Should religious language be more humble in what it claims?  There's a bit in my most recent book about name dropping, a big trap for preachers.  I met a well-known English bishop (no names or places; that would be name dropping!) who said, "I hate name dropping, and so does Her Majesty!"  Sometimes I think the churches engage in name dropping on a grand scale, talking about God with altogether too much familiarity, and almost like we own God!   We need reminding now and then that there's just so much we don't know, so much yet to be discovered about the nature of God and how God interacts with the cosmos.  We also need reminding that all our godtalk is 'symbolic'.  It refers to something beyond even the best words we can think up.  Two stories.


During World War I a young Lutheran pastor named Paul Tillich was a chaplain with the Kaiser's military.  As he spoke with young men about to do battle, and with those who came back, leaving their mates dead in the mud, he realised how much of his inherited godtalk failed to address the realities.  Paul Tillich left Hitler's Germany and settled in the US, where he became a professor at Harvard. Perhaps more than any other theologian, he stressed the importance of 'dialogue' with other disciplines.  He's been a big influence on me. Tillich loved the story in Exodus 33 of a chat between Moses and God.  Moses wants to go beyond that 'symbolic' knowledge of God.  Let me quote.  "And God tells him that if he sees him face to face he must die.  Yet he can see God walking along, and can see him from behind.  This is a wonderful half-poetic, half-metaphorical expression of the necessity by which every religious language remains symbolic."


My favourite Moses story concerns that weird experience he has while grazing his father-in-law's flock.  He comes upon a gorse bush blazing fiercely, yet apparently not consumed.  Edging closer, he's halted by a voice.  "Moses, you're on holy ground."  There ensues a conversation.  The voice tells Moses to lead his people out of slavery in Egypt.  Moses argues and makes excuses, but the voice is insistent.  Finally Moses says, "Look, I can't handle this if I don't know who or what you are, talking to me from that bush!"  Just like it is when you and I take a phone call, we want to know who is at the other end.  We have less control in a situation where the name of the other is withheld.


So, how does the voice deal with Moses' request?  In effect, with a refusal to divulge a name.  All the voice will say is 'ehyeh asher ehyeh' Hebrew for "I will be what I will be."  This is what underlies the concept of the unnameable name: that which must never be spoken.  Why?  Because to do so implies some illusion or some pretence on our part that we can somehow box up the holy One.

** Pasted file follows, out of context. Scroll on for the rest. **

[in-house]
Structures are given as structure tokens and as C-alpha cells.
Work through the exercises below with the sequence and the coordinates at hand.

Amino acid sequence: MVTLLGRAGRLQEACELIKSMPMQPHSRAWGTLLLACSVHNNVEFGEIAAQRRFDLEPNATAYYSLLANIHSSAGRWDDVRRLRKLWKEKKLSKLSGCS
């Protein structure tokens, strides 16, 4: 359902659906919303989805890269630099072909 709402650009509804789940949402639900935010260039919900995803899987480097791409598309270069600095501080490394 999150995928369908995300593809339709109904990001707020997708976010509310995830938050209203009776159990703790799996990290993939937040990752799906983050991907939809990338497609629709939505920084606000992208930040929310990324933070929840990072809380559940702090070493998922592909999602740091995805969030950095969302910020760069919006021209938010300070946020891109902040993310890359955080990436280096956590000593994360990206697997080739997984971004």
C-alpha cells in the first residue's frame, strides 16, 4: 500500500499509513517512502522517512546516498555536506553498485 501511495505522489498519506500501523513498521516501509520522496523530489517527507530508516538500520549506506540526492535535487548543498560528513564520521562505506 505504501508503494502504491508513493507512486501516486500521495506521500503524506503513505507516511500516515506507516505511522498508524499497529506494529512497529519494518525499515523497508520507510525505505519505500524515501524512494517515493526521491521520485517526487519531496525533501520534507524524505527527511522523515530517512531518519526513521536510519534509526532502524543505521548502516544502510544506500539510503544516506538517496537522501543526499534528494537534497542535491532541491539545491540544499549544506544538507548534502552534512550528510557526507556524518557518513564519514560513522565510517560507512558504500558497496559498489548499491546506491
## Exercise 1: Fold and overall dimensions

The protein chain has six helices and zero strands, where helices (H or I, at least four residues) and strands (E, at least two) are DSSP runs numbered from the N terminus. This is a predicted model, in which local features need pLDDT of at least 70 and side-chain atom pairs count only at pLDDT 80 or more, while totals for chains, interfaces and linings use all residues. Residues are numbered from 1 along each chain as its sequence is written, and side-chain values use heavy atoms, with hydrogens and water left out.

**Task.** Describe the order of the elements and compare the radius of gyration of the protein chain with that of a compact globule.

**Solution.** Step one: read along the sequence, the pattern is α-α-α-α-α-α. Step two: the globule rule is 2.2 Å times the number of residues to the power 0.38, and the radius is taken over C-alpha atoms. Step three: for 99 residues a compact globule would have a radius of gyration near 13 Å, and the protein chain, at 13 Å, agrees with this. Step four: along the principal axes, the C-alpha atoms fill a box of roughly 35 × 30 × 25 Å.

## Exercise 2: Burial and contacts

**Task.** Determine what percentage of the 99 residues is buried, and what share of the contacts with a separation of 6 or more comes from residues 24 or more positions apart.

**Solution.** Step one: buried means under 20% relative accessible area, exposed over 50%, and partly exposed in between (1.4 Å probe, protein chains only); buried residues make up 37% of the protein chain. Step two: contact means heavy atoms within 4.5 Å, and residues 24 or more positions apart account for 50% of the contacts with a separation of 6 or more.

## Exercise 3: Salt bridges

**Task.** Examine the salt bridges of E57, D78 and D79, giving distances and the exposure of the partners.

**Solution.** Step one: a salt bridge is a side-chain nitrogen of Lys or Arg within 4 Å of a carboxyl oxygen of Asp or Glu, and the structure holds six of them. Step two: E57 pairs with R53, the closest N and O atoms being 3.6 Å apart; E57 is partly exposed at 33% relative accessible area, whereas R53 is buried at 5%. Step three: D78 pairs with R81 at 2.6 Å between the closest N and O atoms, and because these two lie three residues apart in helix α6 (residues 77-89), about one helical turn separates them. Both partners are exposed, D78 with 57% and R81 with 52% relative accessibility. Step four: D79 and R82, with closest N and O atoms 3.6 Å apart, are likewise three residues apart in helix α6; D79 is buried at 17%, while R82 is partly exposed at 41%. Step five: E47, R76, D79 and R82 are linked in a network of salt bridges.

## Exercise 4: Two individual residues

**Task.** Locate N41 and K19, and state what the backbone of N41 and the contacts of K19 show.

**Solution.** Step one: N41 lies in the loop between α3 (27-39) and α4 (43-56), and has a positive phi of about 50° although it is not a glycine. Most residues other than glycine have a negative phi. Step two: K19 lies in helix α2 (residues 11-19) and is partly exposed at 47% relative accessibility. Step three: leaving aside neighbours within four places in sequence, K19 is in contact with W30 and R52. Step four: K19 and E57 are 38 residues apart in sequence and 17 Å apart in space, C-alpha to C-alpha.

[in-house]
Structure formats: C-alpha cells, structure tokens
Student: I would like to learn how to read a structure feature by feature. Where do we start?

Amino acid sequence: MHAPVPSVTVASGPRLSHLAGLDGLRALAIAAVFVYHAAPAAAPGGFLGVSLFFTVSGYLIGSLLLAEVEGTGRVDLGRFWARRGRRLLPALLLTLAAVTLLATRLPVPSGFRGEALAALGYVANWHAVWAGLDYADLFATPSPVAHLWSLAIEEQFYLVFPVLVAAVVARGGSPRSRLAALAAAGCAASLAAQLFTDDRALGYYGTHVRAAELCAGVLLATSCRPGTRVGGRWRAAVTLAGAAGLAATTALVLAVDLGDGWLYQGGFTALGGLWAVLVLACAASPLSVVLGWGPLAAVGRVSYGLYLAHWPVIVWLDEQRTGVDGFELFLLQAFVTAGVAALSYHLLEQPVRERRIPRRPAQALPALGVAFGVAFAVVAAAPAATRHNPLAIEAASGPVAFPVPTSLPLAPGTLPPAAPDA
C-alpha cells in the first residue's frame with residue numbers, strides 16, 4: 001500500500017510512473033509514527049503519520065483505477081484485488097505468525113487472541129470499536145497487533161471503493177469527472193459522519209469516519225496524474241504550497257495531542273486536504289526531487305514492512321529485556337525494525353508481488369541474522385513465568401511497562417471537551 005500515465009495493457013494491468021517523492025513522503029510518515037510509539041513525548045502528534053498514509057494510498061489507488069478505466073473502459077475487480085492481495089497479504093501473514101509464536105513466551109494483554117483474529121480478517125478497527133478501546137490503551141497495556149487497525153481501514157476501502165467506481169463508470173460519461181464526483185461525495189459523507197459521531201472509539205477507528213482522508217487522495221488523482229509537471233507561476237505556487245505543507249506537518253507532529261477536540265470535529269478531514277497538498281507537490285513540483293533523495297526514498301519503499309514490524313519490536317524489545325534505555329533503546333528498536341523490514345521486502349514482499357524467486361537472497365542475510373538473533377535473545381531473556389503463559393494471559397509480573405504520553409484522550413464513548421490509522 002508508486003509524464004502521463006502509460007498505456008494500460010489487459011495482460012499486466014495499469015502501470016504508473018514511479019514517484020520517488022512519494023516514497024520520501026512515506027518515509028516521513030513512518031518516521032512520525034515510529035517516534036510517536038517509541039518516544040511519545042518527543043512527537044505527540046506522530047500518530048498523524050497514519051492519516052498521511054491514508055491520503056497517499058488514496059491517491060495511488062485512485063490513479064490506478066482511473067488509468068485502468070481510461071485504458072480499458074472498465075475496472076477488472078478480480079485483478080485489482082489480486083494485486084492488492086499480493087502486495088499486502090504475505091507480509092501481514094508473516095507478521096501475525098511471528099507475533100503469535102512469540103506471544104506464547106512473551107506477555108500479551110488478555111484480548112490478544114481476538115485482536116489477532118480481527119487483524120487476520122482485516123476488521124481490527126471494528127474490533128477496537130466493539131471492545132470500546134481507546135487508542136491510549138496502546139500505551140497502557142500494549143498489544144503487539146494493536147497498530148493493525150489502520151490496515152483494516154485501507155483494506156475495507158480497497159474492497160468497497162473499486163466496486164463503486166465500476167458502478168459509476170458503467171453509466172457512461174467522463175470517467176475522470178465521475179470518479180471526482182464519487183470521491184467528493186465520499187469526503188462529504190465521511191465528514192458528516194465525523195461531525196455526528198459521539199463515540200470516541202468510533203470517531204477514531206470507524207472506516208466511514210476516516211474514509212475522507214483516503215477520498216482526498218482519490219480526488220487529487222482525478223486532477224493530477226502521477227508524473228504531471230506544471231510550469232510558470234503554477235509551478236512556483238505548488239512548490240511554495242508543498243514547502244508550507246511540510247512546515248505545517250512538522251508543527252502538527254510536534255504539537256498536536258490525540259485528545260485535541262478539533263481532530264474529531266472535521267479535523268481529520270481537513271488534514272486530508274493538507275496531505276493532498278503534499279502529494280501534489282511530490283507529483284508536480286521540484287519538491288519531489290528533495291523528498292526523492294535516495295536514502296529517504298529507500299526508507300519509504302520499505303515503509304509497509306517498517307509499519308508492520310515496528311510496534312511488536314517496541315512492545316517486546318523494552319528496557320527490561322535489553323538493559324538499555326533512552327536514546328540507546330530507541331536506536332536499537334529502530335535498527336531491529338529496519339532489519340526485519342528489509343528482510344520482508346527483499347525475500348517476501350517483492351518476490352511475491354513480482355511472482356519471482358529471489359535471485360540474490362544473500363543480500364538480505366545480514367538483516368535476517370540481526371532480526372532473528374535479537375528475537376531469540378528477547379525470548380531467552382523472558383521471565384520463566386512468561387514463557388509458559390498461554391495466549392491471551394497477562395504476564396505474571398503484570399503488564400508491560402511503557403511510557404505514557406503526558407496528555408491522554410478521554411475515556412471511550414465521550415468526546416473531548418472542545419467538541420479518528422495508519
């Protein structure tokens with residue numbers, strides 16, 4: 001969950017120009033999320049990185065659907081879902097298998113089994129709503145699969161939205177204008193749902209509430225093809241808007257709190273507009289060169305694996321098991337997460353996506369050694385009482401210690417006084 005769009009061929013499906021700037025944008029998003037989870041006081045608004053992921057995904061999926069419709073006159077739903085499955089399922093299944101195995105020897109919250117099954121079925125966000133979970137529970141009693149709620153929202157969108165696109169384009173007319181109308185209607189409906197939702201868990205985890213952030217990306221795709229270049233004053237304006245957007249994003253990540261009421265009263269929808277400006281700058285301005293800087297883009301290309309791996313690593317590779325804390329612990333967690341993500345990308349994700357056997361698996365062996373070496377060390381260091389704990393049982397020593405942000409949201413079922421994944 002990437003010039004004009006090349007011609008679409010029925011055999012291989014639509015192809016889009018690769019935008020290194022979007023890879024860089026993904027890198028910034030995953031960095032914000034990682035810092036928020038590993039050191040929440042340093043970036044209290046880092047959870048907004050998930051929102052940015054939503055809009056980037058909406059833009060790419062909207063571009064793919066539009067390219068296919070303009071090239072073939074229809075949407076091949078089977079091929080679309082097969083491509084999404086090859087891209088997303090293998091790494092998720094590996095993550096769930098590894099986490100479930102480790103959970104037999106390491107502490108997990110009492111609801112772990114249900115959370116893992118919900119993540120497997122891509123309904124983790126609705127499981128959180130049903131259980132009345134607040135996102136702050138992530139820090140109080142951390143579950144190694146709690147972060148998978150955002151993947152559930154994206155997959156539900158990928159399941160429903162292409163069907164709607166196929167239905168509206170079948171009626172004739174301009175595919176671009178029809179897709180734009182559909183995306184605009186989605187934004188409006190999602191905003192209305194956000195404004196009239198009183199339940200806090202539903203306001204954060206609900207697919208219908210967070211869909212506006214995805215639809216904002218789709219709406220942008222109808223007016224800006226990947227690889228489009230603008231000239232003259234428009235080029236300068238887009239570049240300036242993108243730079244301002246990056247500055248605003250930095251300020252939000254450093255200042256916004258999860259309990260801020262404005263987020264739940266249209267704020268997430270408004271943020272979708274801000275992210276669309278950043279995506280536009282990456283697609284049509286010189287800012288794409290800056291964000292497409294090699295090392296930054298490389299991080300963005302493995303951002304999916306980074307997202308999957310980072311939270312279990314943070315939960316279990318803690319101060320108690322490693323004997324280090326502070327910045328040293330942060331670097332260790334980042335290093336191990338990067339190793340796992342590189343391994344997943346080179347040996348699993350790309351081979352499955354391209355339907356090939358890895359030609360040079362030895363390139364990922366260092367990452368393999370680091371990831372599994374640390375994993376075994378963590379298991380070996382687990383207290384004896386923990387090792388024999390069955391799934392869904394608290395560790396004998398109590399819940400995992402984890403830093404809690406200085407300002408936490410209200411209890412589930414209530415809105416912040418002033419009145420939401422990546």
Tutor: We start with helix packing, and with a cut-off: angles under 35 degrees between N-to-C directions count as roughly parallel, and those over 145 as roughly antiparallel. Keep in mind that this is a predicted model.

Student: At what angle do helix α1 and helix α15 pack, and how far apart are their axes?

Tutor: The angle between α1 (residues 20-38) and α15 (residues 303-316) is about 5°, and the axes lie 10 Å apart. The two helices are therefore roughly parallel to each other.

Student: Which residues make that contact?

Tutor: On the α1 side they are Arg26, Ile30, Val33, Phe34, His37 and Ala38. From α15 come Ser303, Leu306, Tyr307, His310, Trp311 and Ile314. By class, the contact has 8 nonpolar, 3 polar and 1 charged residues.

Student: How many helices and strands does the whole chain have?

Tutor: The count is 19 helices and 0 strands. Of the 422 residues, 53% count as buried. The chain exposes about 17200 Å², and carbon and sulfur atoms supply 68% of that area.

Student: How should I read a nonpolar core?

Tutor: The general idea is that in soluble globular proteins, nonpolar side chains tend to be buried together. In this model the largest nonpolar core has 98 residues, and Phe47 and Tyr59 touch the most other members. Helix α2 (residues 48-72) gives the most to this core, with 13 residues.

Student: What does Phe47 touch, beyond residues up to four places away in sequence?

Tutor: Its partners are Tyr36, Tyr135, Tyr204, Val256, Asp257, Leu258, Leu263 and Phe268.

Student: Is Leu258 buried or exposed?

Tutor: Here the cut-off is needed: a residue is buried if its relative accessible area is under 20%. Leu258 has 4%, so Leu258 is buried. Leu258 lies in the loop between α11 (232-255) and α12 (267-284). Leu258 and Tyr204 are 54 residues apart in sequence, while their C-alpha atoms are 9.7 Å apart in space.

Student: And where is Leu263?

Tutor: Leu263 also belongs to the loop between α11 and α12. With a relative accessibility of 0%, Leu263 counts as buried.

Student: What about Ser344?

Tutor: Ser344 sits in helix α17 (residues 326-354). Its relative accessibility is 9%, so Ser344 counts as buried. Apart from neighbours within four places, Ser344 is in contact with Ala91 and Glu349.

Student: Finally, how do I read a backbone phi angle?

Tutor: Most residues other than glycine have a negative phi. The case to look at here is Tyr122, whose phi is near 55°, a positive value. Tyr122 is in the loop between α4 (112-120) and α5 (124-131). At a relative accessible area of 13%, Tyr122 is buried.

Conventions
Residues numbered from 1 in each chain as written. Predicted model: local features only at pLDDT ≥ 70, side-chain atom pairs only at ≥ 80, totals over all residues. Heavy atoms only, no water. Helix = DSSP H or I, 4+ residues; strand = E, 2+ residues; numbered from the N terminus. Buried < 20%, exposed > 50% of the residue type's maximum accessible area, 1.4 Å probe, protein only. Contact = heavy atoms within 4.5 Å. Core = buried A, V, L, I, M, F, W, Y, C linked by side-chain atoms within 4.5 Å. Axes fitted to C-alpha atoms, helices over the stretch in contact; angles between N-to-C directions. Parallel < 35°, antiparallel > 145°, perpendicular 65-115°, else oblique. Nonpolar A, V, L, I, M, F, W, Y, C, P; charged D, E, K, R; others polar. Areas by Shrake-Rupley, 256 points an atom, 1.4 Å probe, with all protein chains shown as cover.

This takes us to one other question, on which I want to conclude . . .




Can we then talk about God at all?    Can we put any content into that word spelled 'G-O-D'?  Well, of course we can so long as we bear in mind those five criteria.  It has to be honest, informed, open, ethical and intelligible.  Presumably, whatever Jesus said about God was seen at the time to be so; that's why the common people heard him gladly, as the book says!  I want to tell you in a minute how Jesus went about it, and the genius in what he said.  But I must explain what I think guided him.  I call it 'Hosea's Theorem'. 


Hosea was a Hebrew prophet who lived in the 8th century before Jesus.  His home life was a mess.  His wife Gomer slept around. She had assorted lovers to whom she bore children, bringing shame on Hosea and giving him good grounds for ditching her. Instead, Hosea went after her.  He set out to win her back and rehabilitate her.  Then he had this mind-blowing insight.  "If I, frail man that I am, can go to these lengths, how much more must it be like this with God!"  The message of Hosea is that there's an indestructible love at the heart of things which helps people who have made a mess to start again.


So, what's 'Hosea's Theorem'?  Given that we see things like love and selflessness and trustworthiness (at the human level) as being among the loftiest and most beautiful things, it is absurd to imagine divinity which does not contain such qualities and to a degree infinitely more refined than in us.  If this were not true, the river would have risen higher than its source.  We would be better than God, the ground of our being!  And that's a logical absurdity.


Now, I'm fairly certain that Jesus embraced Hosea's Theorem.  He looked around him at all the loveliest and loftiest things in the lives of men and women, and said to himself "If this is true of them, how much more must it be true of the Eternal!"  Jesus never tried to define God.  What he did was to describe what he believed to be characteristics of God, inferring these from what he saw in the best examples of humanity he knew.   I find it an intriguing idea. 


In my book "The One with Many Names" I pointed out how Jesus used a heap of metaphors to describe how he believed God related to humanity and the world.  Most were very personal.  His favourite, which we're going to reassess in a few weeks, is the metaphor of cosmic parent the one who gives the universe its being and guides it on its way.  The question is what effect 2000 years would have on Jesus' way of viewing the world, and his way of talking about the relationship between the human and the holy.   But that will have to wait.


Scriptures: Exodus 3:1-4, 10-14;  Matthew 6:5-13


An address given at St David's Uniting Church, Canterbury by the Rev Dr John Bodycomb